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Re: pkgsrc scanning performance benchmarks

On Thu, Dec 01, 2016 at 07:54:27PM -0600, John Marino wrote:
> I have not looked at the cause at all, but I have some experience with
> identifying usual suspects, which are:
> - unnecessary spawning of shell commands (e.g. better alternatives exist)
> - chaining commands together with pipes  (ditto)
> - a killer: using ${MAKE} to call itself to get the value of a makefile
> variable.  As an example, even grepping for a constant is a couple of
> magnitudes faster than ${MAKE} -C ${dir} -VMYVAR

"I do not understand what is going on, but I claim that it is
unnecessary and wrong".

> I do not believe the pkgsrc framework is 28 times more complex than the
> Ports Collection framework.  It's just much more inefficient.  I know such
> statements rankle some pkgsrc devs, but numbers don't lie.

If you compare Apples and Oranges, numbers do lie. It might surprise
you, but it is a well known fact that the tree scanning i.e. as part of
the bulk build is a very time consuming component.

There have been hacks proposed in the past to replace the make extraction,
but none of the proposals actually work properly, because they disable
important functional parts. This *is* a case where pkgsrc is actually
significantly more complex than ports.

Architectionally, there are three bigger parts that slow things down as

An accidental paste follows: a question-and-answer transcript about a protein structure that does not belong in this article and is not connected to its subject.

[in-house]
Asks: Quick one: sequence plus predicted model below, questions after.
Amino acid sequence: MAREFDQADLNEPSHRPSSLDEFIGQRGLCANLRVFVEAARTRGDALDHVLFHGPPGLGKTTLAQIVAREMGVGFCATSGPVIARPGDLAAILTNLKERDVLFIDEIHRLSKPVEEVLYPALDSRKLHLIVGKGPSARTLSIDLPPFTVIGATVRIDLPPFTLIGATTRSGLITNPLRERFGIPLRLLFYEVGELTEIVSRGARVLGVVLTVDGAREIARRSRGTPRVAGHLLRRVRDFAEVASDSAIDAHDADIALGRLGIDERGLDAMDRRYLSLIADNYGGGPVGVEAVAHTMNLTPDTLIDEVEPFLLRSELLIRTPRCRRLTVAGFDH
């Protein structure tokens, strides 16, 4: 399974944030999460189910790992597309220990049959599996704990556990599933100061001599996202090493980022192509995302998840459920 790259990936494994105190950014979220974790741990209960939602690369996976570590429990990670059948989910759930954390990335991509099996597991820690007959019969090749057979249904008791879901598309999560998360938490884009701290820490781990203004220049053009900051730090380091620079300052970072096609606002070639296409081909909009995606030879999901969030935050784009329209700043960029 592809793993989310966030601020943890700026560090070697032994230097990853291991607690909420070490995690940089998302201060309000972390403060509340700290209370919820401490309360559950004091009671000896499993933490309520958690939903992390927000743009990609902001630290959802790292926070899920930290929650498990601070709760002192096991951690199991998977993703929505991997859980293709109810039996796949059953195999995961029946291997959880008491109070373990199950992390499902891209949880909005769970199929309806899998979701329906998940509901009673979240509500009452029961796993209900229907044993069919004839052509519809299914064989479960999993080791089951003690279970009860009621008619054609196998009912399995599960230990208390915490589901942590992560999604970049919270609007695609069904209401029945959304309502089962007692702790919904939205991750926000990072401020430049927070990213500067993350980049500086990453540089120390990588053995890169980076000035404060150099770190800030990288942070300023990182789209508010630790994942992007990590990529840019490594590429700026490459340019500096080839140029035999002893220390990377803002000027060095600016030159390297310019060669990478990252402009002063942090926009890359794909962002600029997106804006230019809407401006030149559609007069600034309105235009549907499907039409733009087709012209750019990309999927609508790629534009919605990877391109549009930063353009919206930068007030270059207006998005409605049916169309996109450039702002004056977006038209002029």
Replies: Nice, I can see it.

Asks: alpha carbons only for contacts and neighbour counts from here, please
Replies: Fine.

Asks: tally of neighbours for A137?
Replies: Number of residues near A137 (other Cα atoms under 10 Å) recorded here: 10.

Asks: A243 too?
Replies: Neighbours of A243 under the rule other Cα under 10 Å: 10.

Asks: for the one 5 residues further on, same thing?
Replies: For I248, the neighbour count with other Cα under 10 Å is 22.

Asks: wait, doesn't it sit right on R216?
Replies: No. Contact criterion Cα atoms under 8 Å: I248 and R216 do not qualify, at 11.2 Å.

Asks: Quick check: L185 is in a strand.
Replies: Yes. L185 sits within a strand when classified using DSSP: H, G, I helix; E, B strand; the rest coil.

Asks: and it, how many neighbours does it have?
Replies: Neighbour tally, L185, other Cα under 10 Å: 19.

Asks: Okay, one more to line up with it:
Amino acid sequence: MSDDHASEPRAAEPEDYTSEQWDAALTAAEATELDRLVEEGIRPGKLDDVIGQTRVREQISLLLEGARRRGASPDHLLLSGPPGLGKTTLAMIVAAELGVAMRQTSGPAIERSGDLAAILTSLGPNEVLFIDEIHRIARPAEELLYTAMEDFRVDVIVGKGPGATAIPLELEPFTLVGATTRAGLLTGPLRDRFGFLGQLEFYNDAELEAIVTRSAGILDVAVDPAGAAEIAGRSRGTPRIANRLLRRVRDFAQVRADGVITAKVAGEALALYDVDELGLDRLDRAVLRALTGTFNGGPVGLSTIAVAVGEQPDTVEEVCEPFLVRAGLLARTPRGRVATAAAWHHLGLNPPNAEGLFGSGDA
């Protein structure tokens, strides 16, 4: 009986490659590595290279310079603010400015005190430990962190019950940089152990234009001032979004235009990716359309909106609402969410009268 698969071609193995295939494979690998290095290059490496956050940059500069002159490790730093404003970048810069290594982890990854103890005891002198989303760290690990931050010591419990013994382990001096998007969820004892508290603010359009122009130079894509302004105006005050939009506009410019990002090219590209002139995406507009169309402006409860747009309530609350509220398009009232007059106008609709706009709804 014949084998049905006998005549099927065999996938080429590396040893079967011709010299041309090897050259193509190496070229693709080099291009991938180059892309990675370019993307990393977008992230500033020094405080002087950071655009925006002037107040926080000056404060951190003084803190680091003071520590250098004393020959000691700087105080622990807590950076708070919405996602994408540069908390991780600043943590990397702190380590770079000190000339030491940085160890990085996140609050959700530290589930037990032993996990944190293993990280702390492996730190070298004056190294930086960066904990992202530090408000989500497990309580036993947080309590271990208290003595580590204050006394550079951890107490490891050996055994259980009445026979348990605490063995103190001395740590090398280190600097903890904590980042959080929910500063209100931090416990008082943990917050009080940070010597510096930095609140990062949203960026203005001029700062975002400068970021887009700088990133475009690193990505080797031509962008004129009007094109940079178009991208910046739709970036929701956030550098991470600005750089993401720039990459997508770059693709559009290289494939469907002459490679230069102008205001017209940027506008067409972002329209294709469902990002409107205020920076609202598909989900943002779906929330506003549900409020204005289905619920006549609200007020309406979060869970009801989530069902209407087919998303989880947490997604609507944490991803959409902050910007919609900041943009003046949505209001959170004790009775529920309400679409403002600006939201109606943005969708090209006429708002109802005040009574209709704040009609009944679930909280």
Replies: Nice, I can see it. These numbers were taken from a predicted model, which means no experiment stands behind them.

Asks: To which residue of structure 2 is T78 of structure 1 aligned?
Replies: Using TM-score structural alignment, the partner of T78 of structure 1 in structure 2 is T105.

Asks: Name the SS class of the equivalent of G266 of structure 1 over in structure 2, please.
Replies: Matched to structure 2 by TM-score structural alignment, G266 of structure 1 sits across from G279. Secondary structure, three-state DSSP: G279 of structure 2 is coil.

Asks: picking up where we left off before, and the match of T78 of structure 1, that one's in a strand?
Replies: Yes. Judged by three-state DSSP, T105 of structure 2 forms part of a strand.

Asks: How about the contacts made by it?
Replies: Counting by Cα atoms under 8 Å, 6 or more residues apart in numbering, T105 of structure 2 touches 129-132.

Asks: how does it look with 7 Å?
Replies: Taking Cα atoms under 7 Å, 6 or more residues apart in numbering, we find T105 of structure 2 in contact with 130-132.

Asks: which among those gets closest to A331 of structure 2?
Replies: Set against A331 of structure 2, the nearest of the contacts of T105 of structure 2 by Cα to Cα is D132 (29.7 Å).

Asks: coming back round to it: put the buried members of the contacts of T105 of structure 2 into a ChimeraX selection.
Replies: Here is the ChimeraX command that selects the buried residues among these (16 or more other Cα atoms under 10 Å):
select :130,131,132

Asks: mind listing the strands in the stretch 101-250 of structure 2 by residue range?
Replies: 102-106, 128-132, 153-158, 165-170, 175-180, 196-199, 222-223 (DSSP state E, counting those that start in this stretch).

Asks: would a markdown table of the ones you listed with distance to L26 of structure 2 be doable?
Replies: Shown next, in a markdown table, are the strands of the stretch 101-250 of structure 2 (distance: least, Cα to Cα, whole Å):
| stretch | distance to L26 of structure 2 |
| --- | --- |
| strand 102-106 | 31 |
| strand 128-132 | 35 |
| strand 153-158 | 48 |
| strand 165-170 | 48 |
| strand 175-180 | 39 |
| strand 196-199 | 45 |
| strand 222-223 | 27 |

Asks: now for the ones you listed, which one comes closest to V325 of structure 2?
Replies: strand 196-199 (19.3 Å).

far as the scan phase is concerned:
(1) Finding the builtins and computing the resulting versions.
(2) Reducing patterns by merging ranges.
(3) Include recursion via

The first part could be optimized to avoid needless recomputation for a
bulk build, but it is requires figuring how a reliable caching
mechanism and reviewing the side effects of existing files.
AFAIK, Ports doesn't have anything like this or at least only for very
isolated items.

The second part is done with the help of some external scripts because
doing it in make internally is pretty much impossible. A single
monolithic program would be faster than the repeated pkg_admin pmatch
calls, but I don't think the total time spend on this justifies the

The last one is far more tricky. The includes hit a number of
scalability problems in make; some of them might be fixable in the
implementation, but many are likely unavoidable without actually
introdcuing e.g. lists into the core language. The history of
mk/ should be illuminating. Ports doesn't have this
problem due to the flat dependencies. There have been discussions about
potential ways to improve the situation. One change in the past was to
improve the include guards as found by cube. See mk/


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